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Wednesday, 16 October 1985
Page: 1306


Senator HARRADINE(11.38) —I believe that the Australian Democrats' amendment has some merit. I am concerned about the effect that the abolition of the concessional rebate will have on large families. A family with a number of children could have a history of dental problems, for example. I know of families where children one after another have grown buck teeth-I do not know whether that is the professional word-and have had to go to orthodontists. It is a tremendous cost burden for such a family. At present I think the cost for orthodontal treatment is of the order of $1,400 or $1,600 a pop.


Senator Messner —It will be taken as part of that rebate. That is fine. The $1,000 rebate will work in favour of that person for expenses in excess of that amount.


Senator HARRADINE —I would have thought that not all of it is covered by medical benefits. I understand that only about half is covered. As I understand the argument thus far-I have only just entered the debate, having been absent-the proposal that has been put forward by the Australian Democrats would mean that any amount above $500 would attract a concessional benefit of only 30 per cent of the total amount that is paid. As Senator Siddons said, this arrangement will not get out of hand because of the inbuilt situation under which concessional deductions attract a rate of only 30 per cent.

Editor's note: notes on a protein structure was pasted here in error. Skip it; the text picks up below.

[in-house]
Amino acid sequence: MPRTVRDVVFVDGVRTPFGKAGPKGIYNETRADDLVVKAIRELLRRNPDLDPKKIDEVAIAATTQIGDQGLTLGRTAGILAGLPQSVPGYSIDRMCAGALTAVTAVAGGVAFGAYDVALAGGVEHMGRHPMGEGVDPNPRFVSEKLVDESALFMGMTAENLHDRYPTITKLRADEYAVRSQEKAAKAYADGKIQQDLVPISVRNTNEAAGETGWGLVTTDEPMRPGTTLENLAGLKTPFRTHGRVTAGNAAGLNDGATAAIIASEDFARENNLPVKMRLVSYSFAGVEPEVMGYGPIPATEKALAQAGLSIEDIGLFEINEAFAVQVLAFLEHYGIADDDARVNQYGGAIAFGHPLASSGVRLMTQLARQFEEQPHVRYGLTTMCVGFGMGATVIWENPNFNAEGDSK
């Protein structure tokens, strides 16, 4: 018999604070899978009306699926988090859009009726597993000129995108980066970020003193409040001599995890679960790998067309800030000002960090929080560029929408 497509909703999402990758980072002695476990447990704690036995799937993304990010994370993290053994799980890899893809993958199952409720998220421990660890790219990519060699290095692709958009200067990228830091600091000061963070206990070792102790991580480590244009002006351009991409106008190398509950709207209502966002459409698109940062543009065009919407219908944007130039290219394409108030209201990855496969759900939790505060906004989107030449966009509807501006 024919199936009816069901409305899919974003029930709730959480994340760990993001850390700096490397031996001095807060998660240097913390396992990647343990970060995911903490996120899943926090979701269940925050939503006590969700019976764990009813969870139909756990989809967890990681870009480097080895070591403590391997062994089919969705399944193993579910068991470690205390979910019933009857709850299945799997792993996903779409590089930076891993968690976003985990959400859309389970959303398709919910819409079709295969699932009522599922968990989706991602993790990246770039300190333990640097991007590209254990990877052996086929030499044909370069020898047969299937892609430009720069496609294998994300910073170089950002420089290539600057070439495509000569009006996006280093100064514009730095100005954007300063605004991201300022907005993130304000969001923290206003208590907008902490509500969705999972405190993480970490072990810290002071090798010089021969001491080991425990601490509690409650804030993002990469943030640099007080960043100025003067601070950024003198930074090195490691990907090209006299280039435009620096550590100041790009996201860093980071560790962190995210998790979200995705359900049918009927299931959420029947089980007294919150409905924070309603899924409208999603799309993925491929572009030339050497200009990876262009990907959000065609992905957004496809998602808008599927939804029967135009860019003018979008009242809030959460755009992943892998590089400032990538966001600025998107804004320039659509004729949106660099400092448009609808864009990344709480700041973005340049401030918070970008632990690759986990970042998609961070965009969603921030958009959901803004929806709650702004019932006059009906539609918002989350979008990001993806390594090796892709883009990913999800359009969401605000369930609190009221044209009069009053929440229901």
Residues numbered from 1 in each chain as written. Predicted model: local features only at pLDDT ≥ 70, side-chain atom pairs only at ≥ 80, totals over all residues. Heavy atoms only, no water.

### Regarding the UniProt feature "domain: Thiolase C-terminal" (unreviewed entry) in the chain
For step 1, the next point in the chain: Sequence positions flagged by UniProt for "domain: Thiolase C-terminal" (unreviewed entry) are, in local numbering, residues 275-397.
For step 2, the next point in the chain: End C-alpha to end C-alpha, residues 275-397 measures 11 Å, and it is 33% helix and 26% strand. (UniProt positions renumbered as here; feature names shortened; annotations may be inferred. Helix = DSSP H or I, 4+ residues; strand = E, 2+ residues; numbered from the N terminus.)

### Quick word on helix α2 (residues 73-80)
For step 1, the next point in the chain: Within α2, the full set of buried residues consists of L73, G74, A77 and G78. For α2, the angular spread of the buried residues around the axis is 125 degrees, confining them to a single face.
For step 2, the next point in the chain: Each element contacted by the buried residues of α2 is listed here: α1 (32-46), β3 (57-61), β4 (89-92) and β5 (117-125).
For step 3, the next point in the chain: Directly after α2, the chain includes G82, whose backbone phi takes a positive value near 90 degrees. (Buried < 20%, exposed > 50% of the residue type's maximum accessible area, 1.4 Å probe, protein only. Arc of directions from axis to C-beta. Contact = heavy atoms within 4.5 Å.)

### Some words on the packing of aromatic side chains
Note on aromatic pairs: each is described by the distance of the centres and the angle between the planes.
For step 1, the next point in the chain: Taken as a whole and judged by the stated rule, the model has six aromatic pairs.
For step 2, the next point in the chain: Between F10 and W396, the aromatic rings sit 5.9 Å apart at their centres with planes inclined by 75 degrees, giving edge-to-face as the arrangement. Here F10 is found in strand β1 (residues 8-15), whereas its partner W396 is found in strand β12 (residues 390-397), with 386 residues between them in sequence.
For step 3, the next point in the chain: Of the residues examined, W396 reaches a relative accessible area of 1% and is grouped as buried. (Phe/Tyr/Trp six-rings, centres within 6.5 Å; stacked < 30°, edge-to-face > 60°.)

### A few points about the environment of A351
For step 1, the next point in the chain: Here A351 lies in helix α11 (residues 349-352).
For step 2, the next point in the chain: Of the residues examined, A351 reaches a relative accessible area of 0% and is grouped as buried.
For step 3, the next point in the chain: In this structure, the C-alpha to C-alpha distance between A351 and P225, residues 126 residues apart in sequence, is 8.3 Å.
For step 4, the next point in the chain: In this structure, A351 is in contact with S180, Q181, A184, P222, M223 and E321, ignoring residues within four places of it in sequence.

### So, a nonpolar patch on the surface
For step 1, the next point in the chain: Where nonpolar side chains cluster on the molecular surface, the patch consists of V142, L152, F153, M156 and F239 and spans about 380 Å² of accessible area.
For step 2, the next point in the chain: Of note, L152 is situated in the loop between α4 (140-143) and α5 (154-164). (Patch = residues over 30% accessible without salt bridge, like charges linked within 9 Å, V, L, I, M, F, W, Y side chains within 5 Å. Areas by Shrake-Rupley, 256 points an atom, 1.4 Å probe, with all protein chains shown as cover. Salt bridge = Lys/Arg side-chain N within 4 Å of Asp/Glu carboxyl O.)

My real concern is for people with a number of dependent children. I suppose that is a concern which is felt right throughout the community. There is a considerable degree of concern by some people in the community, particularly by one-income families with a number of dependent children, that the Government has forgotten them in this Budget. It is not for me at the Committee stage to address that issue. I will leave such remarks until we deal with the supplementary tax statement of the Treasurer (Mr Keating) which I understand will be brought before the Parliament when we next sit. However, I believe that the Democrats amendment at least seeks to sweeten the pill a little and to ensure that the legislation has less effect on larger families than would be the case if the current proposal put forward by the Government were implemented.